The week started with an upset stomach that I’m not sure of the cause. It was mostly chilly this week but already the summer hoards have arrived. Every day there are multiple accidents on Route 6 and elsewhere. Recently a woman ran into the back of a school bus. How could anyone miss seeing a school bus? Fortunately it had just dropped off the last of the children, so while the bus was injured, the driver was not and the bus was empty.
Bicyclists in their condom clothing ride four abreast down our country roads. Parents go merrily ahead chatting while their tiring children drop farther and farther behind. Tourists park on the curve of our narrow roads to get out and pick wildflowers, gaze at a bird, pick berries. They drive fast around blind curves where people are trying to pull out of their driveways or turn onto the road without being able to see them. In short, it’s summer on Cape Cod – not a real place to tourists so how could anything serious happen here?
Wednesday I had one of my eye appointments at Ophthalmic Consultants of Boston, hereafter OCB. They squirted so many dilations and so much of each medicine into my eyes, I couldn’t see well enough even by supper time to cook anything. Woody made one of his specialties, pasta with lots of garlic and tuna fish. That afternoon, it rained gently but we were pleased to get any rain. Then Thursday, the heavens opened up. We got close to two inches of rain, more than we had for the past six weeks altogether. Everything grew overnight. The lightning was loud and scary – I always worry for my gorgeous weeping beech since I had in 1972 planted two of them. The sister of the survivor was struck and split by lightning. The survivor is huge and the branches make a tunnel to the gazebo. The gazebo is now almost entirely covered by one rosebush, Pau’s Himalayan musk rose. It has grown thirty feet and wide and lush. The white roses are sweetly scented. It’s gorgeous. The bushes that survived the drought the year before last are blooming also in red, pink, yellow and white. I grow no hybrid teas or floribundas but only old roses, species roses, the newer Austin roses, KnockOuts from Radler and assorted hardy climbers and bush roses. We don’t use poisons on them or chemical fertilizer – just some manure and compost.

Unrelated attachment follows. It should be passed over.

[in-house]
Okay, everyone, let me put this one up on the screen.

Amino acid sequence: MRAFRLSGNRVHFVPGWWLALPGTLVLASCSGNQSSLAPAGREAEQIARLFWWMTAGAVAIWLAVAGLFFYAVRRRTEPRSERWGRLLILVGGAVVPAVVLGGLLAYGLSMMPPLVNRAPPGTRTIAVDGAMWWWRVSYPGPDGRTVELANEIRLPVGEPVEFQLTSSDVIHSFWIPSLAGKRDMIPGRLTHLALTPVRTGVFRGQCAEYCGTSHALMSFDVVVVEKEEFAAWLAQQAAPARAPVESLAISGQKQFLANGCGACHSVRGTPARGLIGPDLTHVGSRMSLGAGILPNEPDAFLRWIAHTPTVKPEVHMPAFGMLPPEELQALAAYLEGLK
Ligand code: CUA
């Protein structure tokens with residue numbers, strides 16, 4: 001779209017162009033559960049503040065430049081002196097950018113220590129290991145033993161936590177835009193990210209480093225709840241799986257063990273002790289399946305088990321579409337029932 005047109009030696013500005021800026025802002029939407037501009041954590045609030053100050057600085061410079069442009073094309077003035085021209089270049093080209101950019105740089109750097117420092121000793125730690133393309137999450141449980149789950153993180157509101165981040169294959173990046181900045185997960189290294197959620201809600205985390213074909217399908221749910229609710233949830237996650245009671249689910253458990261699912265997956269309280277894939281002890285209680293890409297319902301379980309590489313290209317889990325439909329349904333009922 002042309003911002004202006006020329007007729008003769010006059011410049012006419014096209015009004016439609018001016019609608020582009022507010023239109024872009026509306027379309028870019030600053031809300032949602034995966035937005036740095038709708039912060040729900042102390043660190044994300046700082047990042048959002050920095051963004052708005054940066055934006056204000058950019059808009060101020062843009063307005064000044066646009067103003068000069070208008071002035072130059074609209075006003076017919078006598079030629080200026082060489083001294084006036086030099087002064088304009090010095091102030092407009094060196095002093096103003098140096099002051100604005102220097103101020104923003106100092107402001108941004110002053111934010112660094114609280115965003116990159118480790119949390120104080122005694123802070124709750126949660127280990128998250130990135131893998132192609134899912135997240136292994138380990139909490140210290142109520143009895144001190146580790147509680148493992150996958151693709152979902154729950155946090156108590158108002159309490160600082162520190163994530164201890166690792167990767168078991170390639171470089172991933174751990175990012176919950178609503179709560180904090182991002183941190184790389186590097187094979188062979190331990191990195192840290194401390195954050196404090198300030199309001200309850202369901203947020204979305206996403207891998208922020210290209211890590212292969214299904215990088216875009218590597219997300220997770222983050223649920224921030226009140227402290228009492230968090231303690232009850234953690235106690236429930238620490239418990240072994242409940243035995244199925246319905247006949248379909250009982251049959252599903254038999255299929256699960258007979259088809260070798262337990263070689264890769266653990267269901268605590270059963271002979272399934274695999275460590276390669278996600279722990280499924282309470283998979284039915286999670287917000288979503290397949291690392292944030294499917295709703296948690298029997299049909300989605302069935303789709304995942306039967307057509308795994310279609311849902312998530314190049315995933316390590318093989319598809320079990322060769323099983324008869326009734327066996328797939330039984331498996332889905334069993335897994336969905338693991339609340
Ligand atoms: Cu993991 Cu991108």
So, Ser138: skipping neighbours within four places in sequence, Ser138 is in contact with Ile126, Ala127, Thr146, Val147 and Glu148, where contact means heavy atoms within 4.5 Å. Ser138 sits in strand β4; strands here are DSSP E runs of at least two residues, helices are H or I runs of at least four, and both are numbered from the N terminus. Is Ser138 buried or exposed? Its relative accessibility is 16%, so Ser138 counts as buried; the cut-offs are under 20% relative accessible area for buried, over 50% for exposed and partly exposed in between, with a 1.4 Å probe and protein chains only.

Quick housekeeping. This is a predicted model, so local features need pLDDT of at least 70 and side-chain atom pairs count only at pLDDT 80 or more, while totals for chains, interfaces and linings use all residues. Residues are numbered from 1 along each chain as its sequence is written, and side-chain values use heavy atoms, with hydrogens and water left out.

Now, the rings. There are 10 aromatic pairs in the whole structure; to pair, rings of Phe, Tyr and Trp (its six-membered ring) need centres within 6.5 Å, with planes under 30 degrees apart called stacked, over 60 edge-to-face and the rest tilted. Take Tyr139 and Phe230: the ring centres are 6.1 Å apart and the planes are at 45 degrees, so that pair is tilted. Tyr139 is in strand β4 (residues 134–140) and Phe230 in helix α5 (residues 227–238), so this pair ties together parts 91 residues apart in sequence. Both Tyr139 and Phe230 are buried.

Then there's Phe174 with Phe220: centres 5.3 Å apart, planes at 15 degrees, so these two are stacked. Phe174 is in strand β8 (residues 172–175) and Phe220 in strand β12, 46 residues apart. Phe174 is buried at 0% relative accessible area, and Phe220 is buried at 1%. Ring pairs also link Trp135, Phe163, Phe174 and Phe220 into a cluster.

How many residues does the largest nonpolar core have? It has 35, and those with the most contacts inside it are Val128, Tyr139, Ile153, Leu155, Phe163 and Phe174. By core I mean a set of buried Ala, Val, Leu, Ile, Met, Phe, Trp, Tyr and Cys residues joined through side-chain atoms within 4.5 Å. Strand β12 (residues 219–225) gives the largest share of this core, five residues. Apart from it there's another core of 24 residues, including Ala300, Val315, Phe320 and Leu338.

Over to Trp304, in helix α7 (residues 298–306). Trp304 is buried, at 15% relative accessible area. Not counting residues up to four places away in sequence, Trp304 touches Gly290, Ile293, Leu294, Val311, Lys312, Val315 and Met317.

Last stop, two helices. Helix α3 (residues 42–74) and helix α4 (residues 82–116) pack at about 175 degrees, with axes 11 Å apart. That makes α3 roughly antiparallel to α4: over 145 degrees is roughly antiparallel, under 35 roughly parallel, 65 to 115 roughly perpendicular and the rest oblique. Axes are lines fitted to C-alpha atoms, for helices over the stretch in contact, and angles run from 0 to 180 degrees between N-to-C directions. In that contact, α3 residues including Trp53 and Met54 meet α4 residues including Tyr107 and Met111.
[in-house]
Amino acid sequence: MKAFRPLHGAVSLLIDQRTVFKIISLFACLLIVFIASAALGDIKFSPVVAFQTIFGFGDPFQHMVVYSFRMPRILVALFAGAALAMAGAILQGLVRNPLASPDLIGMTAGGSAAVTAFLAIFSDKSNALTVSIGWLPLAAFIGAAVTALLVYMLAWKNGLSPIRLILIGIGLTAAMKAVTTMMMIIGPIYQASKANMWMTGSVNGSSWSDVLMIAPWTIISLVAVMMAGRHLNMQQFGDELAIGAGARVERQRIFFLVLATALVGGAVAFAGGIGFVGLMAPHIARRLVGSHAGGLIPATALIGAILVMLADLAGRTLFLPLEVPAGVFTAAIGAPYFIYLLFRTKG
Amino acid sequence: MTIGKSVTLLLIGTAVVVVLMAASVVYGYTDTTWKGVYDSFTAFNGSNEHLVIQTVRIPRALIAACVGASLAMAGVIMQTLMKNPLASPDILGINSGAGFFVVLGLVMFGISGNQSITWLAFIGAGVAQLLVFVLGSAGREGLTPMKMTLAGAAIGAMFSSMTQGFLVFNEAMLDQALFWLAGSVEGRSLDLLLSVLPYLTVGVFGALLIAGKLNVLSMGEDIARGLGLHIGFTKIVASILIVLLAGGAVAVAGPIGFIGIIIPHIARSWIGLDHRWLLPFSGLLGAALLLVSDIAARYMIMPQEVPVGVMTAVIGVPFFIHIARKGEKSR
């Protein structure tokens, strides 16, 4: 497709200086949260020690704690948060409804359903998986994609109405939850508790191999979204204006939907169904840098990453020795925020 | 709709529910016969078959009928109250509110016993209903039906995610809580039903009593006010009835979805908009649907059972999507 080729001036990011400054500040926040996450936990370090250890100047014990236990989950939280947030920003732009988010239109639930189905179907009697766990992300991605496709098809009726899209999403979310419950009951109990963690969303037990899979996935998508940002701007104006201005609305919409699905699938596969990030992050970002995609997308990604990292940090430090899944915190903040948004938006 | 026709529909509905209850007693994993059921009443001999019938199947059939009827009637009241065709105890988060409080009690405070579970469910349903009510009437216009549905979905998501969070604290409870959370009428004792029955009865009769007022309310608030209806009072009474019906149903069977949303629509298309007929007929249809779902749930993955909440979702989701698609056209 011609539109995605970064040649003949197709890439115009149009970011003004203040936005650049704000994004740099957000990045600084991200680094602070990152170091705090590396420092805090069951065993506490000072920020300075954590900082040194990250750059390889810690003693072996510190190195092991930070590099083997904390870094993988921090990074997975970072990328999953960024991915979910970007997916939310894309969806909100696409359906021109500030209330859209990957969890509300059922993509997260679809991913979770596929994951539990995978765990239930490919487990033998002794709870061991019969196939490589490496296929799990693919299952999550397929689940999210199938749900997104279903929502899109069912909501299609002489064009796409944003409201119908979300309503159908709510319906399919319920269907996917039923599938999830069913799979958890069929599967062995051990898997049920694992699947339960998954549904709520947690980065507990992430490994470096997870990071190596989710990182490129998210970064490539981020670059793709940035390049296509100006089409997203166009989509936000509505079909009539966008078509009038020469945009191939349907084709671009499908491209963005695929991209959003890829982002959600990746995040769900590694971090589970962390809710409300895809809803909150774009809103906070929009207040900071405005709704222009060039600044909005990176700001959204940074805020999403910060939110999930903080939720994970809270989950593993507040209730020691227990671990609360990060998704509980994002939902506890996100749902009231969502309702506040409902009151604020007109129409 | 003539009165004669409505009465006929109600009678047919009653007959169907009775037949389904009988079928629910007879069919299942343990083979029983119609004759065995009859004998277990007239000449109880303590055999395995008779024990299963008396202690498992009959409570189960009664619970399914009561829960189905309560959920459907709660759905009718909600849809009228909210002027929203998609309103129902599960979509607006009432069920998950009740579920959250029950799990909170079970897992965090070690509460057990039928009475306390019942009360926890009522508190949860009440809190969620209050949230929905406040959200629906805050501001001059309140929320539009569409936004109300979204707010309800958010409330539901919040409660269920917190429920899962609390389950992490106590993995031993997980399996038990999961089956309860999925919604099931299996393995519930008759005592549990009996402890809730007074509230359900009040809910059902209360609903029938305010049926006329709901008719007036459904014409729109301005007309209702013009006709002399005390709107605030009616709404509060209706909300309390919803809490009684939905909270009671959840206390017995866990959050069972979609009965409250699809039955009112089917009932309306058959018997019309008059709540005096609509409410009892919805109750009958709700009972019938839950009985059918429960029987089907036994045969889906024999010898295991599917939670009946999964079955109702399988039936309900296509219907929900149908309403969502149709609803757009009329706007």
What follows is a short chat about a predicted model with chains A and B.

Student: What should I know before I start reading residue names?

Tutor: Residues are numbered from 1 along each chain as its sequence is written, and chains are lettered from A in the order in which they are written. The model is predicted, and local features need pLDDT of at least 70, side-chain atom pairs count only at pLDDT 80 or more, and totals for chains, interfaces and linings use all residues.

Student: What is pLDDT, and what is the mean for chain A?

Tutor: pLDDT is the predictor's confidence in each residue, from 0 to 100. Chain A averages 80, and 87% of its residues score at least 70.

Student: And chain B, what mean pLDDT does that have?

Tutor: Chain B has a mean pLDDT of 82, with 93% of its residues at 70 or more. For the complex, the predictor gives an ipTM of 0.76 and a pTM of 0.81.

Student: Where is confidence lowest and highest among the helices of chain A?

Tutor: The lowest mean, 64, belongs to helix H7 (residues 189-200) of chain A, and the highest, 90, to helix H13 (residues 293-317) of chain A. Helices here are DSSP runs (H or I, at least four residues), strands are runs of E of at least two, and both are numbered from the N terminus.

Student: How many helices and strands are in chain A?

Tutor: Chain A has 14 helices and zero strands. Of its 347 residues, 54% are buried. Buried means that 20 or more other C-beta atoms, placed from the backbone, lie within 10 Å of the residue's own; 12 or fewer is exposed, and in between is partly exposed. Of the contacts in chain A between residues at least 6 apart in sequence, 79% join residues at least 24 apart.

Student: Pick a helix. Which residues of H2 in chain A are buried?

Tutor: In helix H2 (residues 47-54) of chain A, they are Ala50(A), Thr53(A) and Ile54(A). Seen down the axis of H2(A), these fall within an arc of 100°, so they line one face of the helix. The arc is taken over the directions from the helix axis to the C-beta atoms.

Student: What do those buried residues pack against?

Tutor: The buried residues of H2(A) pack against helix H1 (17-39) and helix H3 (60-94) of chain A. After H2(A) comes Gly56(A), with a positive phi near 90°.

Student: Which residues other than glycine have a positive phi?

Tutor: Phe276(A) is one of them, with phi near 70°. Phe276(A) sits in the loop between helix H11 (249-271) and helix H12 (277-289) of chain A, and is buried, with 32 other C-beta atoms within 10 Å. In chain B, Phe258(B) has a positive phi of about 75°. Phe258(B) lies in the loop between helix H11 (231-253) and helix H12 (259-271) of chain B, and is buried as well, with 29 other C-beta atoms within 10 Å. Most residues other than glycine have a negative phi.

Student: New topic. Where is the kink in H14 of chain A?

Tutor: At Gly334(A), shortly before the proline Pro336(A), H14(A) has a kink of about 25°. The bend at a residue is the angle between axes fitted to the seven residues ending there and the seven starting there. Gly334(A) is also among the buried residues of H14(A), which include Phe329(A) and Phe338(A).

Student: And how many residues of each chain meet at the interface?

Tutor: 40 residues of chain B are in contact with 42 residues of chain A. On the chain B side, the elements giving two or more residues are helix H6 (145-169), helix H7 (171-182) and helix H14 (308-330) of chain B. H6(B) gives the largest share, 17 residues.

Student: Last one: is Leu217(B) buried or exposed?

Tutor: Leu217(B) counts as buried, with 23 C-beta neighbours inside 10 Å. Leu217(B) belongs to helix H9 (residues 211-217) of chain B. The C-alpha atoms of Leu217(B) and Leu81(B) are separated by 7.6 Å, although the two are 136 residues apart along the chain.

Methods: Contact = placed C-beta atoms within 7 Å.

Yesterday turned hot. Today is hot. Tomorrow will be hot. It will be hot for days, really hot although not as hot as in the city or more inland. It’s time to check my black and red currants. I notice the birds active around them so suspect they’re getting ripe. I made strawberry freezer jam from relatively local strawberries; I hope to make black and/or red currant jam maybe tomorrow. We are FINALLY getting broccoli. It’s a weird year.
This week, my agent sent out my new novel THE HOUSE AT HOPE’S END to a publisher to read. She—my agent Robin Straus, is happy with my final [I hope] revisions. My poetry group met this Wednesday. We each bring two poems to discuss. We’re not meeting in July but are planning to meet the last week of August. There are five of us. I’d like to add someone as often one of us is out of town.
Our friend Ramon had another eye ‘procedure’ after two operations. I know what that’s like. When I was diagnoses with glaucoma I had two operations and 18 ‘procedures.’ We were going to go out to a friend’s restaurant tonight but Ramon can’t, so we’re bringing over salad from our garden and pizzas.